We put Statsman's innovation to the real betting test. The Winner-Finder Chart we introduced in last month's P.P.M. has created enormous interest. Not for a long time has a feature story provoked so much reaction among our readers.

Unfortunately, due to technical gremlins that sometimes creep past even our exacting proof-reading standards, there were some errors in the published Winner-Finder Chart. For a start, the points' attributable to each box were left off. You will see from the chart reproduced on this page that the points have now been institituted, enabling you to easily follow the whole thing.

Secondly, the original chart had an arrow missing. This arrow, connected to a 'no' answer, should have gone from the second box (Is The Horse In The First 3 Lines of Betting?) and should have led to the box asking "Did The Horse Show Some Improvement At Its Last Start?" - You will note from the new chart on this page that this arrow has now been included.

We can only apologise for the mistakes, but it was just one of those things that happen. Any P.P.M. readers who contacted us to query the omissions were immediately send a correct chart and, let me say this, there were a LOT of readers who were interested in the Winner-Finder Chart and who did get in touch with us.

Since publishing the chart our researchers have been continuing testing of it and they report that the results are most promising. We haven't enough space to go into the full details here, but suffice to say that the 'top-rated' horses those that snare 21 points-are throwing up some excellent each-way bets.

We have also found that linking all the horses chosen as 'strong' chances into quinellas can be very profitable. But it's in the each-way sphere that some super results are being obtained from those horses picked as the best chance, on number of points and the next best horses to it.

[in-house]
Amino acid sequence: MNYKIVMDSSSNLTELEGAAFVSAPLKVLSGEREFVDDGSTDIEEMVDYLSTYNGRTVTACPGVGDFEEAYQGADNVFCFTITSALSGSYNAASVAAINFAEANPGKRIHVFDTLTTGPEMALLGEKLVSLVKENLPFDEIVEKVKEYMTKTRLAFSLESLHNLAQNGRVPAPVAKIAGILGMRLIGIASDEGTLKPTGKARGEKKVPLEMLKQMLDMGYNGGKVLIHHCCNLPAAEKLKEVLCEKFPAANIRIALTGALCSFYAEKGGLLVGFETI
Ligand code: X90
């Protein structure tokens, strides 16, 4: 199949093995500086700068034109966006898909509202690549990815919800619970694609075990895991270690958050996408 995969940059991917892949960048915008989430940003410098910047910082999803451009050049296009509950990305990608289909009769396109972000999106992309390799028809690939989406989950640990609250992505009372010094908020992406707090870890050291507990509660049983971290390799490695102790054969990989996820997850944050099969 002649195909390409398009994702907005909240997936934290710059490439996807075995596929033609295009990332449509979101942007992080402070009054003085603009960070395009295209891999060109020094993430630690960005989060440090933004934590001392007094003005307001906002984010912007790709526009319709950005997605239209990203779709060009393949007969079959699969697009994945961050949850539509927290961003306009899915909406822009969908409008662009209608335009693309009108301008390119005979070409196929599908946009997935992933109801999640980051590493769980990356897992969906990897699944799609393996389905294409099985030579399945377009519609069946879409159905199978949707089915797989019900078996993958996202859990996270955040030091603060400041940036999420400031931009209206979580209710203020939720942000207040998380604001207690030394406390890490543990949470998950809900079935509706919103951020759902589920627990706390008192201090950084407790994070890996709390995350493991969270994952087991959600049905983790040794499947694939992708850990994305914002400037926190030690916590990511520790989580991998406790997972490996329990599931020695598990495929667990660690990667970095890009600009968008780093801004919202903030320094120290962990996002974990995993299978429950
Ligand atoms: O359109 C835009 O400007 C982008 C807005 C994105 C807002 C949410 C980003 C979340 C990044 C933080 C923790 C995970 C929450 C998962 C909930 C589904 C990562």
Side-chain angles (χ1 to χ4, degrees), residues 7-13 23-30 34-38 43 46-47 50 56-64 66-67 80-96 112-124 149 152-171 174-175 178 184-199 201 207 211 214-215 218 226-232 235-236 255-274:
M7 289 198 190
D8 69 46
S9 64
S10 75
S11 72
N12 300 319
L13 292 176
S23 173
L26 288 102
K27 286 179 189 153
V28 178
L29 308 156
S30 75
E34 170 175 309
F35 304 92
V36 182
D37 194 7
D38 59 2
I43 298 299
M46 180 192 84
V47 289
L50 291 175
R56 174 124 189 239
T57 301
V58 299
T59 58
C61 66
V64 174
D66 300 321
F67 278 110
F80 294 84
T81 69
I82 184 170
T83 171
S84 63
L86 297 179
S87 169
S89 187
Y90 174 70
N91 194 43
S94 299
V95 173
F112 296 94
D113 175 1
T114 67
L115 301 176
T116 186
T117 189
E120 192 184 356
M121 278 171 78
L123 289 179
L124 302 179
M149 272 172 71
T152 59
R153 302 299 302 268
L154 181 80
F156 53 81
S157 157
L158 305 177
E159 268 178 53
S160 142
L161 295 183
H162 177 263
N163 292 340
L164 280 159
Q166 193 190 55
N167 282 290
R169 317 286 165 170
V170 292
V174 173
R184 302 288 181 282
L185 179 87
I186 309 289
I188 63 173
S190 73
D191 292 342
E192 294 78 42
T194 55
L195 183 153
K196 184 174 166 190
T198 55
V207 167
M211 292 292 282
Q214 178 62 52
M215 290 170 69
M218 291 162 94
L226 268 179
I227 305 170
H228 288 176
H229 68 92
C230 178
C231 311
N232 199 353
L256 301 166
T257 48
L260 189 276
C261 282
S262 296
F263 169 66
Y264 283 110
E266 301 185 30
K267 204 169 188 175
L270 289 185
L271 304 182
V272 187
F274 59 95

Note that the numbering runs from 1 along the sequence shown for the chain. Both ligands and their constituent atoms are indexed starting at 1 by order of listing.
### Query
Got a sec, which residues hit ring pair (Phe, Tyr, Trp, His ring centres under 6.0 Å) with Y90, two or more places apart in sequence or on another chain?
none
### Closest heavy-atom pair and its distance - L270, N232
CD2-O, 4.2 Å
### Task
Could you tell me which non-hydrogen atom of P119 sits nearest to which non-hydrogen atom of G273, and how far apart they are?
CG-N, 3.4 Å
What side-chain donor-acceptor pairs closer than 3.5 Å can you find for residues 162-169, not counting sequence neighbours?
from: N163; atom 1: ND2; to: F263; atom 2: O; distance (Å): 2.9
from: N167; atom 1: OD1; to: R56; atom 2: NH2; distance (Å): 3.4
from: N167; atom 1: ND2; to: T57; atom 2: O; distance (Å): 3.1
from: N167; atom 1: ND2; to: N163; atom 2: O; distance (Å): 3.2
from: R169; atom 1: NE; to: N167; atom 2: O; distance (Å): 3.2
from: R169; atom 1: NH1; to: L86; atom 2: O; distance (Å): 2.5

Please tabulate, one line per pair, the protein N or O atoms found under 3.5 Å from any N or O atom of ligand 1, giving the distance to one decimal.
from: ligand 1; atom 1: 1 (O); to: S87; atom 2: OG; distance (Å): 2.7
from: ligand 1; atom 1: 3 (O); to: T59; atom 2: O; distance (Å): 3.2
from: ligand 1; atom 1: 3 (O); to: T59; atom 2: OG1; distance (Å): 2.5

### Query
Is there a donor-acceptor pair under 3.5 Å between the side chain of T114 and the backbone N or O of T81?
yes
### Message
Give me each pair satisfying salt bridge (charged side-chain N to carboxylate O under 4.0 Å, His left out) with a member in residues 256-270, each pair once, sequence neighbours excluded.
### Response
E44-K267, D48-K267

As just one example, I decided to try the chart on the Fosters Tattersalls Cup (2200m) at Eagle Farm on June 30. This was a major race with the form pretty well cut and dried, so it was a prime race for something like the Winner-Finder Chart.

As I explained in last month's article, you put each horse to the chart test, frankly answering the questions it poses. In this way, you will end up with some horses listed as 'strong' prospects, others a 'Place' chances and the remainder as possessing only 'rough' chances.

You may find that some horses. which end up in the 'place' conclusion, actually have more points than the ones in the 'strong' bracket-but don't worry about this. The horses you concentrate on are those in the 'strong' prospects bracket, and you take the one with the most points as the No. 1 choice.

In the case of the Tattersalls Cup, five horses ended up in the 'strong' chances division. They were, with points in brackets, Eye Of The Sky (15), Rajamah (7), Ricochet Rosie (20), Stirring (12) and Ray's Hope (21). Another five runners were ranked as 'place' prospects; they were jondolar (8), Supersnack (14), Hot Reception (14), Showmint (14) and Bassie's Pride (8). Those given 'rough' chances only were Apollo Run, Go Timmy, The Farmer and Sasha Bijou.

As you can see, the No. 1 choice, according to the chart, was the Ray Verner-trained New Zealand galloper Ray's Hope, which had the ultimate 21 points-he was in very good form, he was on the first three lines of favouritism, he was carrying less than 57kgs and he was drawn between 1 and 7 at the barrier.

The next fancied was Ricochet Rosie with 20 points, and then Eye Of The Sky with 15. So here, then, were the three horses the chart was re-commending you concentrate on as the potential best chances in the big race.

Eye Of The Sky, despite his great winning form, went for a bath in the betting and started at 12/1 after opening at 7/1. Ray's Hope came in for strong support and started at 5/2 after touching 3/1 from an opening quote of 5/2. Ricochet Rosie started at 7/1, easing slightly from her opening quote of 6/1.

It's history now, of course, that Eye Of The Sky absolutely bolted in with the Tattersalls Cup, scoring by 2.5 lengths from the 10/1 chance Go Timmy, with Ray's Hope in 3rd place.

From the chart's viewpoint, the race was a triumph because it had the winner and the third placegetter in its first three tips. Ricochet Rosie finished 7th.

Had you backed all three at $10 a win each, you would have staked $30 for a return on Eye Of The Sky of some $130 at S.R, and $124 for TAB purposes (in Queensland).

This is but one example of how you can make the Winner-Finder Chart work for you. Use it sensibly, stick to what it finds and you will, I know, enjoy many winning days at the races.


By Statsman